Bring back the tears.
I still remember the day I learned it was okay to cry — I was attending a parent talk at my daughter’s preschool by Deb MacNamara, PhD, clinical counsellor and author of best selling book “Rest, Play, Grow:Making Sense of Preschoolers”. She came to the part in her presentation where she was outlining something called “tears of futility” — essentially the path that frustration can take if one can feel the futility of the situation.
Really there’s nothing left to do to change anything but cry.
My revelation was, that the tears that are shed are actually important in order for the brain to rewire and find adaptation to the situation that can’t be changed and that the tears had a myriad of other stress reducing benefits.
As I contemplated this I literally welled up with tears myself as she spoke — it was as though I was being seen for the first time — and this person speaking was actually validating that it was okay to cry — in fact it was IMPORTANT to cry.
Growing up, crying was not okay. My parents had little room for tears — my dad would tell us “stop crying” or “no need to cry!” and my mom indirectly sent this message by trying to get me to stop crying by distracting me and “trying to make it all better”.
I don’t want to vilify my parents here — they were just doing what their family system taught them. For my Dad, living out a poverty-stricken childhood, the middle child of 7 kids — there was no room for tears. For my mom, “always finding the lighter and funny side” to everything was a way of coping with anxiety in her family system.
However I was a sensitive kid and things moved me to tears easily — I still vividly remember many times “swallowing” and holding back tears as they were not acceptable.
I tried so hard to keep myself from crying — I often gave myself the hiccups.
When Deborah validated my tears — it was like a leak had sprung in the dam. All my tears all these years had built up and had nowhere to go…. It made sense now that I developed a chronic serious depression in my 20s. Holding in all my frustration, with no outlet, the toxins that would have been released in crying, building up in my system… at it’s worst leading me down a path of suicidal ideation.
There are other factors that contributed to to my depression (of which I’ll speak to in future posts), however this piece was a huge part of my puzzle. I began a very slow and long process of re-introducing tears into my life…the biggest obstacle being the shame that I associated with crying. A kind of shame that sadly, our society today still enables by the messages we send about crying: that it’s a weakness; that tears should be hidden; that we should “grow a thicker skin” or “find the bright side” of things. I especially feel for the boys and men to whom this message is the strongest. We even get this message subliminally in marketing: J & J “No More TEARS Shampoo” or music: “Don’t Worry — Be Happy”.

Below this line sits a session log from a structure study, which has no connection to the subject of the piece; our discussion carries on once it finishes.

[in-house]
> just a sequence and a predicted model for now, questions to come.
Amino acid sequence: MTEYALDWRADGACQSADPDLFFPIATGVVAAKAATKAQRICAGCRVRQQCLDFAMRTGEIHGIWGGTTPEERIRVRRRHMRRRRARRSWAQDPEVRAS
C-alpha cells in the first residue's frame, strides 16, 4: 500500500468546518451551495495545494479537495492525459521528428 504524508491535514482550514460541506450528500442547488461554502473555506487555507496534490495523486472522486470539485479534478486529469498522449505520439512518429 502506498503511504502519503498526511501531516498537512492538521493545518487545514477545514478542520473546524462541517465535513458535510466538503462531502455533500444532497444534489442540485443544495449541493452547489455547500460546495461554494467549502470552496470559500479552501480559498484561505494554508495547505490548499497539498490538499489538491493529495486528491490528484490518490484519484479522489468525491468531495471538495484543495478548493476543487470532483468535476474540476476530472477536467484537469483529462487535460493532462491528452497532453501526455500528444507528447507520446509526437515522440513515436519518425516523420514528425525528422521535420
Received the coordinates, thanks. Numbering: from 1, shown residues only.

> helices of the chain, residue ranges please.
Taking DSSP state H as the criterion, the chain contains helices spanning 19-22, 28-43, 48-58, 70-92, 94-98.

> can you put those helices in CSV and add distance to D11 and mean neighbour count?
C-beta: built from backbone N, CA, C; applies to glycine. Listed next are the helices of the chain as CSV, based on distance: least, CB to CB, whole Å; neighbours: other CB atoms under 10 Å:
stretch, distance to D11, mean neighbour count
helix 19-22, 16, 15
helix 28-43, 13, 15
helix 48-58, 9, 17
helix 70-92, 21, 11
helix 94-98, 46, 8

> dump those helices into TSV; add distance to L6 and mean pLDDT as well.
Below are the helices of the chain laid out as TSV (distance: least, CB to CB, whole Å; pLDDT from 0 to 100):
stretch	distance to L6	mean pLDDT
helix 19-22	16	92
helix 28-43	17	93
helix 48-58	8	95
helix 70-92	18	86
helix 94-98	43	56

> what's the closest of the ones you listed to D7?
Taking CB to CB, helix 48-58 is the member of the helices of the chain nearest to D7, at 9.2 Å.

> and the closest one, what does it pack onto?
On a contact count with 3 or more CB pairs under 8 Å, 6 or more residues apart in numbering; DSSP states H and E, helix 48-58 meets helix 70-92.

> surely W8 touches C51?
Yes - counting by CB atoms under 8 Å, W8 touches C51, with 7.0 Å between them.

We need never be ashamed of our tears.
And yet — historically and culturally tears have not always been so unacceptable- they’ve even been revered! In old Japanese culture, the Samurai who could find their tears in battle were considered true samurai; tears are also once thought of as a sign of holiness and in some cultures professional “mourners” can be hired at funerals. All of which speak to the “necessity” of tears. Tears are not only an important part of the grief process they are a means to finding resilience to the things that can’t be changed.
Practical reasoning aside, my intention here is to bring more tolerance and acceptance to an aspect of our humanity that has had a bad wrap. In my counsellor training program I feel as though I spent the first year crying all the time — even lamenting at one point that the tears would never stop…. so much was to be felt, grieved and adapted to.
Today I’ve not only come to accept my tears — I embrace them.
They are an expression of my compassion, vulnerability and humanity. More importantly, they have given me the gift of finding more resilience to life’s challenges. With my children, I welcome their tears — comforting them and holding them in this tender of place, keeping faith that just by holding space for their tears, I’m supporting the brain’s natural means to adapt to the things they can’t change. To my son specifically, I tell him, when he’s in tears:
“You know what I love about you buddy? I love that you’re not afraid to feel your feelings.”
That being said — part of emotional responsibility is finding the safe place to express and release — the truth is, it’s not safe to cry just anywhere/anytime. Yet we ALL need an end of the day… a place to finally have our cleansing and adaptive tears. We may need a tear-jerker movie, or a sad song… but most of all a place to have our tears accepted — even welcomed- exactly as they are by warm, loving empathetic arms.
What moves you to tears? And what KEEPS you from your tears?? — it’s time to let go… and find transformation on the other side.